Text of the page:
Two decades later, Barbara Roy, 21 at the time, started attending 16th and Decatur, also drawn to Washington for work. “The first Sunday I came, two ladies came to get me,” she recalled. “I think people are still friendly. … I know for myself that I’m loved.”
As 16th and Decatur leaves behind a century of ministry, its welcoming approach continues to confront the demographic realities of a changing city.
Attendance was highest around the time of the congregation’s move in the early 1950s. Membership was “considerably over 500” in 1954, according to a booklet prepared for the 100th anniversary. As more congregations formed in the area, attendance dropped to about 350. Wilson estimates an average Sunday crowd now at 85 to 100.
“You get people early in their careers or early in their marriages … and then you lose them,” Crump said. “Those people come, and then something else draws them away.”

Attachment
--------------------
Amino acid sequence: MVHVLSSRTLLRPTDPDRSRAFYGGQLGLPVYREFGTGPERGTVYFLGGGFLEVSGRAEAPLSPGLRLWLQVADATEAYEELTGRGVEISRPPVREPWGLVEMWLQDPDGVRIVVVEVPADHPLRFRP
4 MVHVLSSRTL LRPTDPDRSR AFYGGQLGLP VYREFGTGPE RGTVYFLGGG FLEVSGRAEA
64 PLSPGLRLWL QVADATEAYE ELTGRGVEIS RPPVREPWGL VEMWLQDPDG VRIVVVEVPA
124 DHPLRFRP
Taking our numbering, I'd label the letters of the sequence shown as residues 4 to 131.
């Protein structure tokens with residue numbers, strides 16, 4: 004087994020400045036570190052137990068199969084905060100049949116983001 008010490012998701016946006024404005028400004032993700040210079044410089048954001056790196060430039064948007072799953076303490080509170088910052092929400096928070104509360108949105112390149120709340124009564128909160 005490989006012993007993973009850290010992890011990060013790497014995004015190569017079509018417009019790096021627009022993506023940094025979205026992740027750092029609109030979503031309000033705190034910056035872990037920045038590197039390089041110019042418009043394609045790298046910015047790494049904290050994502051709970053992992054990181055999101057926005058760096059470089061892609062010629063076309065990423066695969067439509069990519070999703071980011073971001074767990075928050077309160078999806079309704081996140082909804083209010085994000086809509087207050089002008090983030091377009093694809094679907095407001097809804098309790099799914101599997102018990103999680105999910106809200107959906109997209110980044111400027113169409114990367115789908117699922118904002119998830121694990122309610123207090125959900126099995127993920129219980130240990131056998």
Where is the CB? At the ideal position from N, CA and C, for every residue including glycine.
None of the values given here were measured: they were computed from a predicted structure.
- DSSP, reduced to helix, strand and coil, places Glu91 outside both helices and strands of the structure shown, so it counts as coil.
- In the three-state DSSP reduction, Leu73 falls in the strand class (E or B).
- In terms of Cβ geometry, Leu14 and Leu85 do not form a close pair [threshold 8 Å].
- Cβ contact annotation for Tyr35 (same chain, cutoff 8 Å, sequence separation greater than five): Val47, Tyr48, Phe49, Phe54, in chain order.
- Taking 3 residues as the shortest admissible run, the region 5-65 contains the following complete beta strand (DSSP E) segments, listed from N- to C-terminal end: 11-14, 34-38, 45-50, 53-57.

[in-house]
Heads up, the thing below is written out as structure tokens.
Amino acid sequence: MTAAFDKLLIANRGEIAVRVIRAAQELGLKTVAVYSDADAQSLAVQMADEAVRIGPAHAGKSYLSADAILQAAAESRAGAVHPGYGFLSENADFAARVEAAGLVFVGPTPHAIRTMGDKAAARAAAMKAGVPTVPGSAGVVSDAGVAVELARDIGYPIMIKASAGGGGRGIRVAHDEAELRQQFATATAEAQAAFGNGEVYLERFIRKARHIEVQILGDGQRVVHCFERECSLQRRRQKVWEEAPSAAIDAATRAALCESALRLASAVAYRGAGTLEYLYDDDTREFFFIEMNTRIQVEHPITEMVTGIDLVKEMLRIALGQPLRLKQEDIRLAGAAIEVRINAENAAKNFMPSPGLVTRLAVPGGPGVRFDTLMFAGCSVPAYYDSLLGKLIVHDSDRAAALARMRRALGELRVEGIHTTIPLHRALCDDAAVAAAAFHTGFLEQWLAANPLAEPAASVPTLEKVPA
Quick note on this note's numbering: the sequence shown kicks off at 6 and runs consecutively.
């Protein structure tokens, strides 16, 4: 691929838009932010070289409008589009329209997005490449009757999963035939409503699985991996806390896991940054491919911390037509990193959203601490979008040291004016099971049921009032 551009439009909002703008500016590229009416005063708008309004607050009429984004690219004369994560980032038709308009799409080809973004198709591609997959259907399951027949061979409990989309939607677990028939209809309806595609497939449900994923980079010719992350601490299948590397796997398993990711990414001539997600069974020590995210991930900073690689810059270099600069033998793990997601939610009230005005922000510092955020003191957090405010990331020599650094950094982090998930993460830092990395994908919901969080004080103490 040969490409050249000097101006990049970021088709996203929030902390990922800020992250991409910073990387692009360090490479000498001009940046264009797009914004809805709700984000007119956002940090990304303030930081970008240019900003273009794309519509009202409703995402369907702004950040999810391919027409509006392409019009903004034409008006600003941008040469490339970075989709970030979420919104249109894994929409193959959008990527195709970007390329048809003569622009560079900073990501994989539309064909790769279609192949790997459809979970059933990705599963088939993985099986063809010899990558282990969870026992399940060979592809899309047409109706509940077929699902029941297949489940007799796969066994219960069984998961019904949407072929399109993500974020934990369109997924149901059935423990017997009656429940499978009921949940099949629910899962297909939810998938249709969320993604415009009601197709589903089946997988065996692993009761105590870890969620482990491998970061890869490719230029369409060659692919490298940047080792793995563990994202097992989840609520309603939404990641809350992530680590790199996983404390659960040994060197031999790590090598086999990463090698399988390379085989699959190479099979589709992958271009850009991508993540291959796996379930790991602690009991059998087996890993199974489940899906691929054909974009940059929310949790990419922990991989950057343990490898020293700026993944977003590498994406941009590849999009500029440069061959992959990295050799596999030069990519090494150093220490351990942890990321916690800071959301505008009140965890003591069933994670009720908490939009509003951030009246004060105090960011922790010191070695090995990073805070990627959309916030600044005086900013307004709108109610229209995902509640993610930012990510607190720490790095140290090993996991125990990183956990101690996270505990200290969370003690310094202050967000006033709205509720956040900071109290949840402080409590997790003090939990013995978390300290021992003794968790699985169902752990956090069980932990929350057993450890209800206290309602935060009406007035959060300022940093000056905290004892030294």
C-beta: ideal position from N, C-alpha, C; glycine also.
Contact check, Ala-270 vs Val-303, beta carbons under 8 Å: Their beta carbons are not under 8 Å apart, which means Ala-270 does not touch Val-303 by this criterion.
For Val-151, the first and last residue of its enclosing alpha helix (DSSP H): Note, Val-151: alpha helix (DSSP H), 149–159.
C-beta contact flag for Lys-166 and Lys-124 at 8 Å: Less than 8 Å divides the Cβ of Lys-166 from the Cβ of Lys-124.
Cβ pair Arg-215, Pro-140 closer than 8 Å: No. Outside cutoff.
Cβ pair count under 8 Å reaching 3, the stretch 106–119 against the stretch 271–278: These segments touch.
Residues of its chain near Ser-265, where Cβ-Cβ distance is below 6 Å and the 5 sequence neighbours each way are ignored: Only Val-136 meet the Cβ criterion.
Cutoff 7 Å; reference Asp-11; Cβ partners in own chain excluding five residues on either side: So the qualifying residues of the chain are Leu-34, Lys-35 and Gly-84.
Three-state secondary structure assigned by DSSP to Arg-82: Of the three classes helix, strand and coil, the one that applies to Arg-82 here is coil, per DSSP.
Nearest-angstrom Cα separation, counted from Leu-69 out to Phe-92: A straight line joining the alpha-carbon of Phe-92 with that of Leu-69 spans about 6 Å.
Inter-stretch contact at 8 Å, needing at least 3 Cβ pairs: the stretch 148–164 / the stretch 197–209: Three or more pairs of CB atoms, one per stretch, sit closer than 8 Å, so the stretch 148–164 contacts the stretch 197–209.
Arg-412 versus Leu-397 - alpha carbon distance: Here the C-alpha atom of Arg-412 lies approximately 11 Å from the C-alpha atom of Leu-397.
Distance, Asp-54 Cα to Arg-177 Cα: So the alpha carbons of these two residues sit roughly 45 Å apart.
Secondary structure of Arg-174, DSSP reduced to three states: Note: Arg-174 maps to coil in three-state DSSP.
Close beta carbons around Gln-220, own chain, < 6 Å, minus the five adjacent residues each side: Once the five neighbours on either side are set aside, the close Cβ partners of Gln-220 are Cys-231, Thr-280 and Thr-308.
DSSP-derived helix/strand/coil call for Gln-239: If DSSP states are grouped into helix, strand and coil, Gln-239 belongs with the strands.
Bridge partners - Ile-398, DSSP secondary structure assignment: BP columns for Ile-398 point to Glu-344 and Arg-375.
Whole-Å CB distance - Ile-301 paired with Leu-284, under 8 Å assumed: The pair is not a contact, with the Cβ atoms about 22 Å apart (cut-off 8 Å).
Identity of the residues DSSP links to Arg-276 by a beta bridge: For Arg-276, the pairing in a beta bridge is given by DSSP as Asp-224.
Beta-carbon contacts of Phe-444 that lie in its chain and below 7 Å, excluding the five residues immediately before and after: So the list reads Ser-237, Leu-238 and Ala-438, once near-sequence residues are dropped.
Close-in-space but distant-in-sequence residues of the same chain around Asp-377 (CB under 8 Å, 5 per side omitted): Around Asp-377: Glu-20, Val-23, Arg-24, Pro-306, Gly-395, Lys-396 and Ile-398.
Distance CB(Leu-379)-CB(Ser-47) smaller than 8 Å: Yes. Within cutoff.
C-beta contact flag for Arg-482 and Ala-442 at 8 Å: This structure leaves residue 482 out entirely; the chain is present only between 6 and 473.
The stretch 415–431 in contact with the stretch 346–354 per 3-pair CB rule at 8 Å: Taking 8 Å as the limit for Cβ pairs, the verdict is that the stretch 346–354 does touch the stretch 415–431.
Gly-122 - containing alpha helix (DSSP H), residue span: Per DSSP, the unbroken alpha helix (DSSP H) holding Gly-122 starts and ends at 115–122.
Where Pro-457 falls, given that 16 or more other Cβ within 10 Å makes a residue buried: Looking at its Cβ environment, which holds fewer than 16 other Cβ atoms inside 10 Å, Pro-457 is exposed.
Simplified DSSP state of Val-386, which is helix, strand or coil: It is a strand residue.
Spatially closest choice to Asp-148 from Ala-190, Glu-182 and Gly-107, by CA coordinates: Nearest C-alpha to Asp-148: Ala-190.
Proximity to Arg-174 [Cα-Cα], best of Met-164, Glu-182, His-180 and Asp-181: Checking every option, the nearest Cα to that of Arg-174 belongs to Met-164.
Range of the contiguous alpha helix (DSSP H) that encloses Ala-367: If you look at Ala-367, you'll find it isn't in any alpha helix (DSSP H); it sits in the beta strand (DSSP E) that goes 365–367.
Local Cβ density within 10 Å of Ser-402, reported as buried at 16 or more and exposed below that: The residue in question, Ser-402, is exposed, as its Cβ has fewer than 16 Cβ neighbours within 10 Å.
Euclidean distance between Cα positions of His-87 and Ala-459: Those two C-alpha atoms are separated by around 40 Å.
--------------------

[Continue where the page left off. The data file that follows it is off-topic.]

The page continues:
Matthew and Ingrid Quigley, who attended 16th and Decatur from 2005 until Matthew accepted a U.S. government job in Beijing this year, are a case in point. The couple was part of a young adults ministry that met at each others’ homes.
“Unfortunately, by the time we left, at least four of the young adults that were faithful attendees when we started had since started attending other churches,” Ingrid Quigley said.
“I do think it’s harder for smaller congregations to meet the needs of each demographic group,” she added, “but with God all things are possible.”
Despite the challenges, Wilson hopes for 16th and Decatur to grow in a way consistent with its uniquely welcoming character.
“To me, it’s always the hope to build up a congregation,” he said. “I would really like to continue to build it in a multicultural way.”